Under operating conditions, a reactor may passively (that is, in the absence of any control systems) increase or decrease its power output in the event of a LOCA or of voids appearing in its coolant system (by water boiling, for example). This is measured by the coolant void coefficient. Most modern nuclear power plants have a negative void coefficient, indicating that as water turns to steam, power instantly decreases. Two exceptions are the Russian RBMK and the Canadian CANDU. Boiling water reactors, on the other hand, are designed to have steam voids inside the reactor vessel.

Modern reactors are designed to prevent and withstand loss of coolant, regardless of their void coefficient, using various techniques. Some, such as the pebble bed reactor, passively slow down the chain reaction when coolant is lost; others have extensive safety systems to rapidly shut down the chain reaction, and may have extensive passive safety systems (such as a large thermal heat sink around the reactor core, passively-activated backup cooling/condensing systems, or a passively cooled containment structure) that mitigate the risk of further damage.

The Three Final Defenses[edit]

A great deal of work goes into the prevention of a serious core event. If such an event were to occur, three different physical processes are expected to increase the time between the start of the accident and the time when a large release of radioactivity could occur. These three factors would provide additional time to the plant operators in order to mitigate the result of the event:

  1. The time required for the water to boil away (coolant, moderator). Assuming that at the moment that the accident occurs the reactor will be SCRAMed (immediate and full insertion of all control rods), so reducing the thermal power input and further delaying the boiling.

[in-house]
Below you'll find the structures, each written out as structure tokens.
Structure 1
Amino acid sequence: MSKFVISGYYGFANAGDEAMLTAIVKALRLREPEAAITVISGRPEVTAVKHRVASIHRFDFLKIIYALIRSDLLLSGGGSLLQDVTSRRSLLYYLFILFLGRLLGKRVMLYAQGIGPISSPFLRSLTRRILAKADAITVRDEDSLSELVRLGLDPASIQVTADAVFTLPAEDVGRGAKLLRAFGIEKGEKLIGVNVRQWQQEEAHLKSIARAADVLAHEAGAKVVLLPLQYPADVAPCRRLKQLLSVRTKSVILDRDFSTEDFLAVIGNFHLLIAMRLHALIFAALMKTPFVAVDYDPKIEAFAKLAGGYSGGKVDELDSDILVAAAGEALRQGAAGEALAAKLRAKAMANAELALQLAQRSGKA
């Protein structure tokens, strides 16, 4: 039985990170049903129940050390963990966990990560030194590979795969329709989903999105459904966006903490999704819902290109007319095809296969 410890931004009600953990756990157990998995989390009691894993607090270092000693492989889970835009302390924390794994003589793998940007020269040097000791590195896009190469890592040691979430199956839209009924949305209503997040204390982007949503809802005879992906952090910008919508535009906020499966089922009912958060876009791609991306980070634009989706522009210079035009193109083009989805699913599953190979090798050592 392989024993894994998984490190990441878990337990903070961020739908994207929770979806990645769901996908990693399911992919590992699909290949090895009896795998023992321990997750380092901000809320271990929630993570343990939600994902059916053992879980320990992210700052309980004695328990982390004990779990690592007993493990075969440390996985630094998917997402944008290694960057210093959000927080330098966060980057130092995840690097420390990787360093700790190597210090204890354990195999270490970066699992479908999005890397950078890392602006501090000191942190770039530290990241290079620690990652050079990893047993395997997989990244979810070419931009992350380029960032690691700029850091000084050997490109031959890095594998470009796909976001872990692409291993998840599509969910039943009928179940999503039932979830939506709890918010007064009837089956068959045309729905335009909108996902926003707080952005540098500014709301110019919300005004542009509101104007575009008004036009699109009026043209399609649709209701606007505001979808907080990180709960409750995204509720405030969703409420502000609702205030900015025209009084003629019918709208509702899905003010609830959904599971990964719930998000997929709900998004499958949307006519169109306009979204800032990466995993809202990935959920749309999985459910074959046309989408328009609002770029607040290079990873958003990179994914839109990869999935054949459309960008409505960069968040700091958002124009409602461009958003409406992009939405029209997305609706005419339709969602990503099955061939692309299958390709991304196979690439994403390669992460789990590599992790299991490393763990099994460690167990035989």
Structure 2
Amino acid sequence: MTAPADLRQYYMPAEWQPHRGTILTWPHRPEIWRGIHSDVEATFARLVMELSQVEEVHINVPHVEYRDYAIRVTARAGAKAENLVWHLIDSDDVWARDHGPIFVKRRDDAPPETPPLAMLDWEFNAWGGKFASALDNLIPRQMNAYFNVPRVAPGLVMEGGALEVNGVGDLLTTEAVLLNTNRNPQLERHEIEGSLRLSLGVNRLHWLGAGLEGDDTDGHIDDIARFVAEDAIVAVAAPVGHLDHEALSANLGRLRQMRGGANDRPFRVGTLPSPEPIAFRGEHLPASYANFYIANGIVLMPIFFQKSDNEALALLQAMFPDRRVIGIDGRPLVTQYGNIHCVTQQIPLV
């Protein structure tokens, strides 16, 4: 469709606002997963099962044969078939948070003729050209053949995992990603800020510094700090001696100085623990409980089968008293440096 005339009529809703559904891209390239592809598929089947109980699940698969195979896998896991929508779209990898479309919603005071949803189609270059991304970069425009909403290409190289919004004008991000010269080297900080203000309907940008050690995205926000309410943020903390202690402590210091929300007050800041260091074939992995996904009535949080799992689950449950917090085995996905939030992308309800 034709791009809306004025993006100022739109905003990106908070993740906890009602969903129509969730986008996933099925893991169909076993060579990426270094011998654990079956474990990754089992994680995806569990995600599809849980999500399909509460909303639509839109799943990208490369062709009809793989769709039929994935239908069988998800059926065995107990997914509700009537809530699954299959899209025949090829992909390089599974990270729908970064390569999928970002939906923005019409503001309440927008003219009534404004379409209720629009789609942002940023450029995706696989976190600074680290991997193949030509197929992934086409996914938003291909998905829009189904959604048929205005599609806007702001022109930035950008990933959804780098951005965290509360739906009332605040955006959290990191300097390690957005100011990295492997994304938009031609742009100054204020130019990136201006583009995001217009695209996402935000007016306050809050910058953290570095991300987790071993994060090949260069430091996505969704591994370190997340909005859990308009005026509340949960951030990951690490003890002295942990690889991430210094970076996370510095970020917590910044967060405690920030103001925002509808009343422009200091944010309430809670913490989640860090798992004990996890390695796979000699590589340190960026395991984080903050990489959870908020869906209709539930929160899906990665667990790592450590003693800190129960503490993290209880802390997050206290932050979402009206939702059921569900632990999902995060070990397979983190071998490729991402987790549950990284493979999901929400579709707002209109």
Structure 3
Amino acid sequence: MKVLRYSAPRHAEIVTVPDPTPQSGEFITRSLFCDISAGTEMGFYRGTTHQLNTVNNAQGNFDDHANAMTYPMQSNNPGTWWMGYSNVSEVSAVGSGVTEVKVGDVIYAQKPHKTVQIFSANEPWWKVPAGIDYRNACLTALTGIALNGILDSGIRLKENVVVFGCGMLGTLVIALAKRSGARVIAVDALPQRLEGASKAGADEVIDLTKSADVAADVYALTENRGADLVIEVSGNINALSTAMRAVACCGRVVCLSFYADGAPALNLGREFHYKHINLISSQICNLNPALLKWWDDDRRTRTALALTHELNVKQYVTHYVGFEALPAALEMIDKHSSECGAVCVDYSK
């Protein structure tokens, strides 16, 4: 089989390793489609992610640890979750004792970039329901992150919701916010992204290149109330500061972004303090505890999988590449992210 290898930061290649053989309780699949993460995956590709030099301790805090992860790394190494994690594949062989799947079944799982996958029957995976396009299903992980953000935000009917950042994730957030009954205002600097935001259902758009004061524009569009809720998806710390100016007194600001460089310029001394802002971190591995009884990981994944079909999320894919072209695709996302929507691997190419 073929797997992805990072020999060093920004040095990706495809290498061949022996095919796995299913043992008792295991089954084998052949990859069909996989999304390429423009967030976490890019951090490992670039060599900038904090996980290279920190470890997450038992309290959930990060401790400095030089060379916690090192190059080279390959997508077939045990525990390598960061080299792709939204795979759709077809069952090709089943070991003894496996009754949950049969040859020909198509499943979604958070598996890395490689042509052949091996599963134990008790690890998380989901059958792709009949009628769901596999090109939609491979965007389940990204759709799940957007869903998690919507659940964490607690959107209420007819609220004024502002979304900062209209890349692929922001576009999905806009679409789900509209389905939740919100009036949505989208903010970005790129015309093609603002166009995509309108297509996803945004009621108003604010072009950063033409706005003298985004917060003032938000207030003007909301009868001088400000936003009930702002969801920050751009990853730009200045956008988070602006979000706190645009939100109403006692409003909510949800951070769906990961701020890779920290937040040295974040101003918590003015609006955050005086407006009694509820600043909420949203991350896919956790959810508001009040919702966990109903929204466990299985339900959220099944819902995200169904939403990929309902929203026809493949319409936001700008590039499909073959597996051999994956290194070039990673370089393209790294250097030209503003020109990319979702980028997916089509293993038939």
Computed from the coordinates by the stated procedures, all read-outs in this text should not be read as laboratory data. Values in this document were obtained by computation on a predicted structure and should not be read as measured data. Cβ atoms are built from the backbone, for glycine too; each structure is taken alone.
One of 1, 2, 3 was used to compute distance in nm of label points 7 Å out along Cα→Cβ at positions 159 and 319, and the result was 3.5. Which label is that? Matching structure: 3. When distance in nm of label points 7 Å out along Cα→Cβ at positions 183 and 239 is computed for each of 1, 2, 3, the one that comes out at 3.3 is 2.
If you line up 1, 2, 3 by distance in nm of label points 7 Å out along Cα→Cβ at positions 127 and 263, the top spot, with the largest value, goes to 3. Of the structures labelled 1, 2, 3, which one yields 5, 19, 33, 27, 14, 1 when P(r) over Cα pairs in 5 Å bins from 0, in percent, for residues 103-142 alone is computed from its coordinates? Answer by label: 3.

2. The time required for the fuel to melt. After the water has boiled, then the time required for the fuel to reach its melting point will be dictated by the heat input due to decay of fission products, the heat capacity of the fuel and the melting point of the fuel.
  3. The time required for the molten fuel to breach the primary pressure boundary. The time required for the molten metal of the core to breach the primary pressure boundary (in light water reactors this is the pressure vessel; in CANDU and RBMK reactors this is the array of pressurized fuel channels; in PHWR reactors like Atucha I, it will be a double barrier of channels and the pressure vessel) will depend on temperatures and boundary materials. Whether or not the fuel remains critical in the conditions inside the damaged core or beyond will play a significant role.

See also[edit]

References[edit]

  1. ^ "DOE fundamentals handbook - Decay heat, Nuclear physics and reactor theory, vol. 2, module 4, p. 61". Retrieved 2 August 2009. 
  2. ^ Peterson, Otis G. (2008-03-20). "Patent Application 11/804450: Self-regulating nuclear power module". United States Patent Application Publication. United States Patent and Trademark Office, Federal Government of the United States, Washington, DC, USA. Retrieved 2009-09-05.